Shirley Temple Black (April 23, 1928 February 10, 2014) was arguably the most famous child actress in film history. She was the top box office draw for four straight years, 1935-38, a record no other child star has come close to.
Her specialty: tap dancing orphans who strike it rich. Rarely do her parents actually die onscreen as in Bright Eyes, which is ironically one of her darker films despite the "Good Ship Lollipop" song. She was very popular during the desperate times of The Great Depression, but her brand of sugary goop is likely to cause Diabetic overload today. So successful was the formula that 20th Century Fox changed the titular character from Wee Willie Winkie to a girl. Expect a suave man about town, a lemon-faced aunt, and a Cool Teacher to also make an appearance.
A triple threat at age ten, she was most often paired with Bill "Bojangles" Robinson, one of the few times that a black man got a free pass during the days of The Hays Code (which didn't allow interracial pairings). You'd be hard-pressed to find a more winning picture of values dissonance than these two. Temple and Robinson became close friends and were considered something of a Dream Team in their day, yet the on-screen relationship was clearly not an equal one. Dynamic duo or capitalist tools? Your mileage may very. Poor Shirley also had a memorable blackface scene in the The Littlest Rebel, a film which manages to out-cringe even Al "My Mammy in Alabammy" Jolson, one of her contemporaries.
Temple's career trailed off as she approached adulthood, partly because she wasn't offered any good roles, and possibly because audiences weren't too comfortable with Shirley "Dimples" Temple being replaced with a very foxy young lady. She retired from show business in 1949 at age 21. However, from 1958 to 1961, she was the host and narrator for an NBC children's anthology of fairy tales called Shirley Temple's Storybook, and would occasionally play parts in episodes. Her children also played parts in some episodes.
In later years, she talked about the child abuse that occurred on the set of the Baby Burlesk short films: misbehaving children would be locked in a cupboard with a big block of ice, and left to freeze. When she was 12 (and considered for the part of Dorothy in The Wizard of Oz), an MGM producer exposed himself to her in his office; not knowing what was going on, she just laughed. When she told her mother about the incident, it was decided that Fox wouldn't loan her to MGM and the role went to Judy Garland.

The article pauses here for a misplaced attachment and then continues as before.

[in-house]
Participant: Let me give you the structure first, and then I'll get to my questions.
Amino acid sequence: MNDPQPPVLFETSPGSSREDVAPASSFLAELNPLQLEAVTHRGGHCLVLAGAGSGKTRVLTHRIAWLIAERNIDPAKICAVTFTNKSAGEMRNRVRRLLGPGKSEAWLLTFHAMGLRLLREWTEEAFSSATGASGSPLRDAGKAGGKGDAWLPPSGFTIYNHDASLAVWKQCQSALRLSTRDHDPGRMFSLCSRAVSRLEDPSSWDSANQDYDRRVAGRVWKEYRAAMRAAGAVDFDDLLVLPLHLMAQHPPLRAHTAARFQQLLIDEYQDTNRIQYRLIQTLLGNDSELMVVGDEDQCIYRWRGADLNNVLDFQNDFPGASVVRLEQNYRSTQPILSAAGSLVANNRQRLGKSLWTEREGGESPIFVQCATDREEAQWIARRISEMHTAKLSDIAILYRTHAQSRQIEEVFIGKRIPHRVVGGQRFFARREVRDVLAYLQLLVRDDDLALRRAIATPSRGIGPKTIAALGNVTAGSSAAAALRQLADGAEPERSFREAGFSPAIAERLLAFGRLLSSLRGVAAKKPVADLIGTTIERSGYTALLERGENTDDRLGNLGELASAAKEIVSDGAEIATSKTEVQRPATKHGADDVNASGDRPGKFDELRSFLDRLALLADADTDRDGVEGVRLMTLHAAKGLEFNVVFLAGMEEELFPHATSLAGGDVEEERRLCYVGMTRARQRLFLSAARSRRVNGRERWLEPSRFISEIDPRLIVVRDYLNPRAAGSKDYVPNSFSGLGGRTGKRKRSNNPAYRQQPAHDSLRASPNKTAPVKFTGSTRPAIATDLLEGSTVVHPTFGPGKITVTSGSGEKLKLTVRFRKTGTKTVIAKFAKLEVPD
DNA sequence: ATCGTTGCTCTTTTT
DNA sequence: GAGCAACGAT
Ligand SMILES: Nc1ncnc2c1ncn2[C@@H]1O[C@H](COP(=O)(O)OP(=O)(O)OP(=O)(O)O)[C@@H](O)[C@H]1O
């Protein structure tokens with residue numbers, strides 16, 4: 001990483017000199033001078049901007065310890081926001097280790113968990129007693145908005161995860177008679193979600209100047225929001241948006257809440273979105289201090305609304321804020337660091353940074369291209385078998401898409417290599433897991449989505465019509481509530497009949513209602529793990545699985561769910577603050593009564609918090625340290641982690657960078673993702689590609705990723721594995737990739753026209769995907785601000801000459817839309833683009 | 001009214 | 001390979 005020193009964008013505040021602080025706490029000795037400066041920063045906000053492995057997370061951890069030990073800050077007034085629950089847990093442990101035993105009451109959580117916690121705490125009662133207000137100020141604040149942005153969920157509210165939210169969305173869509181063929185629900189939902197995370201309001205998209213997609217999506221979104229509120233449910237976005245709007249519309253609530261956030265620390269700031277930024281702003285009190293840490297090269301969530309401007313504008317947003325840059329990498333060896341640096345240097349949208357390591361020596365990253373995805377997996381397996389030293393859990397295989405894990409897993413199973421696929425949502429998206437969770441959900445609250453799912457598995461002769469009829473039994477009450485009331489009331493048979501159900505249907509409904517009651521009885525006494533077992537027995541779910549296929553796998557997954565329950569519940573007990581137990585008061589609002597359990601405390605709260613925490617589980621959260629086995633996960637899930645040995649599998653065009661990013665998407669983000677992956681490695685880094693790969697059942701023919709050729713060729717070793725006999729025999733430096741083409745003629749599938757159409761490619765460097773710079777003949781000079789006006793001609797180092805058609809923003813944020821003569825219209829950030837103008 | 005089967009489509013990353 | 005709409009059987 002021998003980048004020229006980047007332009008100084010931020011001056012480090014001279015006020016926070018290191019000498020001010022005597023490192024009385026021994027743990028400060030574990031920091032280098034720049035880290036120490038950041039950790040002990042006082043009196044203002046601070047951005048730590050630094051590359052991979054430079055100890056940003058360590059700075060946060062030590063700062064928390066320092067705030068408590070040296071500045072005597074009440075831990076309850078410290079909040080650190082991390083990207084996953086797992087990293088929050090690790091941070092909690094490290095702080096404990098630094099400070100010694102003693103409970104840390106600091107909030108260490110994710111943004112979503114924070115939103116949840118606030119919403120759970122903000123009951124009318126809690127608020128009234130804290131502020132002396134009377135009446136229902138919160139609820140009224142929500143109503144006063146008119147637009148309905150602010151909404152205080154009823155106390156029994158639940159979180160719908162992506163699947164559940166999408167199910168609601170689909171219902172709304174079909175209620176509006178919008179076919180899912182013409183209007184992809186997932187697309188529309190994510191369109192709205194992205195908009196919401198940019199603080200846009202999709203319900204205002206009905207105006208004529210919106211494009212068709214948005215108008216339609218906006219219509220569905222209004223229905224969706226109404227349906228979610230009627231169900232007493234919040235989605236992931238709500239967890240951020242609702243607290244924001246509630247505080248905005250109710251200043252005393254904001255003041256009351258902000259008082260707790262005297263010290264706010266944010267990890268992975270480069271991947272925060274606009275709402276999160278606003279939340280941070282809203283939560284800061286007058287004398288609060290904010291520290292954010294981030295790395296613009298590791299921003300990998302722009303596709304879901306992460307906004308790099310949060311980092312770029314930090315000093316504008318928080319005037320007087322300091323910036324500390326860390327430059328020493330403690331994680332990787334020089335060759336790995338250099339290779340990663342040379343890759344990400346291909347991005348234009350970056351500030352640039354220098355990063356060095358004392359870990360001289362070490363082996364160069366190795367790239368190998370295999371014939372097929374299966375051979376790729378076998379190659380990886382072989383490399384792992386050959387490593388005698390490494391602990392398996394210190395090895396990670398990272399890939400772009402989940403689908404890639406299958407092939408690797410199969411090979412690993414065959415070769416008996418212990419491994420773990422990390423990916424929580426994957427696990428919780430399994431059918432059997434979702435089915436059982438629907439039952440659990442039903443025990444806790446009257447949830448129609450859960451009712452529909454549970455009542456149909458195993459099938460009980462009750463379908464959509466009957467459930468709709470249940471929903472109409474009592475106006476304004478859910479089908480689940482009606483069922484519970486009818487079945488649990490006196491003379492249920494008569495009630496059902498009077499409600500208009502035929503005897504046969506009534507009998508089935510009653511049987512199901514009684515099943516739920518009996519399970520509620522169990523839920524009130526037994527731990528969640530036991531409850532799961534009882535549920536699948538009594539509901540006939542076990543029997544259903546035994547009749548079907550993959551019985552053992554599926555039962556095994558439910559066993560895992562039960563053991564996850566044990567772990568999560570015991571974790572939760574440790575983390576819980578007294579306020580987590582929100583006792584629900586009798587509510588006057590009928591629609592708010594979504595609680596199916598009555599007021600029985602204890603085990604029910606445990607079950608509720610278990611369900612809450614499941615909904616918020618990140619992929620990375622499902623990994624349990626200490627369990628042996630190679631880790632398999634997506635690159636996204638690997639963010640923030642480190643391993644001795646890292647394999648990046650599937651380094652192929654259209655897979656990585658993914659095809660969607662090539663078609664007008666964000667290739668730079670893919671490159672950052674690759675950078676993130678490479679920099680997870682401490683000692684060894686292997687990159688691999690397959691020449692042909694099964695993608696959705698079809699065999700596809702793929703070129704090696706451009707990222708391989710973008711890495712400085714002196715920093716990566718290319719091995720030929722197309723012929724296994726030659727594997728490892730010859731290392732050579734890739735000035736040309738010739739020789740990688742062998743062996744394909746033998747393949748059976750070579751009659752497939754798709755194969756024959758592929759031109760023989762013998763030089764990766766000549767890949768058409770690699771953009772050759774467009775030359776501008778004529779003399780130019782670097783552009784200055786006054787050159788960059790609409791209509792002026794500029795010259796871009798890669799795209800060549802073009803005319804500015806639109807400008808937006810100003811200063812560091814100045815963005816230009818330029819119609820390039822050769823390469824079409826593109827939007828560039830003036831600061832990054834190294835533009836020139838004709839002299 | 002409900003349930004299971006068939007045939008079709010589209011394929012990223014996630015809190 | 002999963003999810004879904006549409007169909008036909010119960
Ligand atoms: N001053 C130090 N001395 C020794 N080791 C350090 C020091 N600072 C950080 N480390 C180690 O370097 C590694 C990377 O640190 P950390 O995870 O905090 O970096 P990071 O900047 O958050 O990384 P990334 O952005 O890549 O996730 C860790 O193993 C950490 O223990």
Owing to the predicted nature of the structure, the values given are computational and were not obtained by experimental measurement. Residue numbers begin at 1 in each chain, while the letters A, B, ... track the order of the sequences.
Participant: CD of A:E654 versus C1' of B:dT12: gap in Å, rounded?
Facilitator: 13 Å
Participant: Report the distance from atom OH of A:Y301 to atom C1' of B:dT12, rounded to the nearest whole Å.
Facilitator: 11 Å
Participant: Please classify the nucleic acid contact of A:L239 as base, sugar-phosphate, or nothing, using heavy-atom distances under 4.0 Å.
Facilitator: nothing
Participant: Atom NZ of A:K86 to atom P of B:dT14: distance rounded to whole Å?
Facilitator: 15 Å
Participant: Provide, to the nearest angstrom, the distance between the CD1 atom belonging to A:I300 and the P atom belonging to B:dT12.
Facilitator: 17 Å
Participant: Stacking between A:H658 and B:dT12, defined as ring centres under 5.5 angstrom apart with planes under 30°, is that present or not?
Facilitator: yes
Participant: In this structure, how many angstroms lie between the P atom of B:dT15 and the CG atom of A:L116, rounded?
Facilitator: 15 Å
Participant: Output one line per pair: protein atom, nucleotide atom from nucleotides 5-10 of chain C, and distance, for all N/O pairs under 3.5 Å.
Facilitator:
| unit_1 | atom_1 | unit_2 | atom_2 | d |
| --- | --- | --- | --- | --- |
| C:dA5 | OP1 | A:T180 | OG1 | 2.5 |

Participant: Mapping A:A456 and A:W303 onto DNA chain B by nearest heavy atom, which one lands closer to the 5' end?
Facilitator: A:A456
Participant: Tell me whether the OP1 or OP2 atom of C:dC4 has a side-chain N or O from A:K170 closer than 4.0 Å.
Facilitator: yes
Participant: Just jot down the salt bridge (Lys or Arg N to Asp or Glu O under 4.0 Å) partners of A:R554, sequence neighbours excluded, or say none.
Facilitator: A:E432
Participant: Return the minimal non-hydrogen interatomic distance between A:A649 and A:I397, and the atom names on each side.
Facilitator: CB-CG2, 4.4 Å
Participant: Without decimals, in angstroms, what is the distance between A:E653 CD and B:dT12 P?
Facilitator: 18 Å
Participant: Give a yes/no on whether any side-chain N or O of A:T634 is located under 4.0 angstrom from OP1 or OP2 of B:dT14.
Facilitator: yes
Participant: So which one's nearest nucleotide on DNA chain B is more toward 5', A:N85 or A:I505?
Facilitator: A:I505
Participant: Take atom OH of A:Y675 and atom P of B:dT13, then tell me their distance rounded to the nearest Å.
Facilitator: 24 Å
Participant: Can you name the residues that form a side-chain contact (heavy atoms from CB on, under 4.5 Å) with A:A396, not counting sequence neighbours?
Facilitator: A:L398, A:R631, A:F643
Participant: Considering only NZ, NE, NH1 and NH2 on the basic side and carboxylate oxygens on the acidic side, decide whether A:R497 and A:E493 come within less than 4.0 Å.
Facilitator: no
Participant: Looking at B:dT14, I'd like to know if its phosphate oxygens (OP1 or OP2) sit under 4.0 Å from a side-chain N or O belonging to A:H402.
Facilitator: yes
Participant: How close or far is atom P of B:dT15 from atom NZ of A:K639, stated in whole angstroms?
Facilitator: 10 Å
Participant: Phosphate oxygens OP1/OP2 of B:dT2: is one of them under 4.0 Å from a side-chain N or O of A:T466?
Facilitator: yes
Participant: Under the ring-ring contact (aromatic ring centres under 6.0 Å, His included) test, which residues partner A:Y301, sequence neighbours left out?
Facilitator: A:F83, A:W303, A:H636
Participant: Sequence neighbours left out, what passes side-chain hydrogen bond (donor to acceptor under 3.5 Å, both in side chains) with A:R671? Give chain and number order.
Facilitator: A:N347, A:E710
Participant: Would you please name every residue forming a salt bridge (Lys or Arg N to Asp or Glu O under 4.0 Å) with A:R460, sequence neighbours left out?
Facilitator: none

After leaving the stage, Temple entered politics, serving terms as chief of protocol and the U.S. Ambassador to both Ghana and Czechoslovakia.
Temple died at the age of eighty-five in February 2014. She was among the last of the stars from The Golden Age of Hollywood to pass on.
Temple lent her name to a popular non-alcoholic cocktail, usually served to children, made with ginger alenote and a splash of grenadine syrup to give it the characteristic pink color, garnished with a maraschino cherry and sometimes oranges or other citrus fruits. The drink was traditionally held to have been invented for the express purpose of being served to her during her peak years (i.e. when she was a minor). Even though this drink is popular with children, ironically, Shirley Temple hated the drink for being too sweet, and in her adult years Temple (having been served them as her drink order by bartenders the world over) professed not to be a fan. Of being served her namesake drink or of the "saccharine sweet, icky" taste. (That the drink named for her had the exact same qualities as her movies seems especially appropriate.)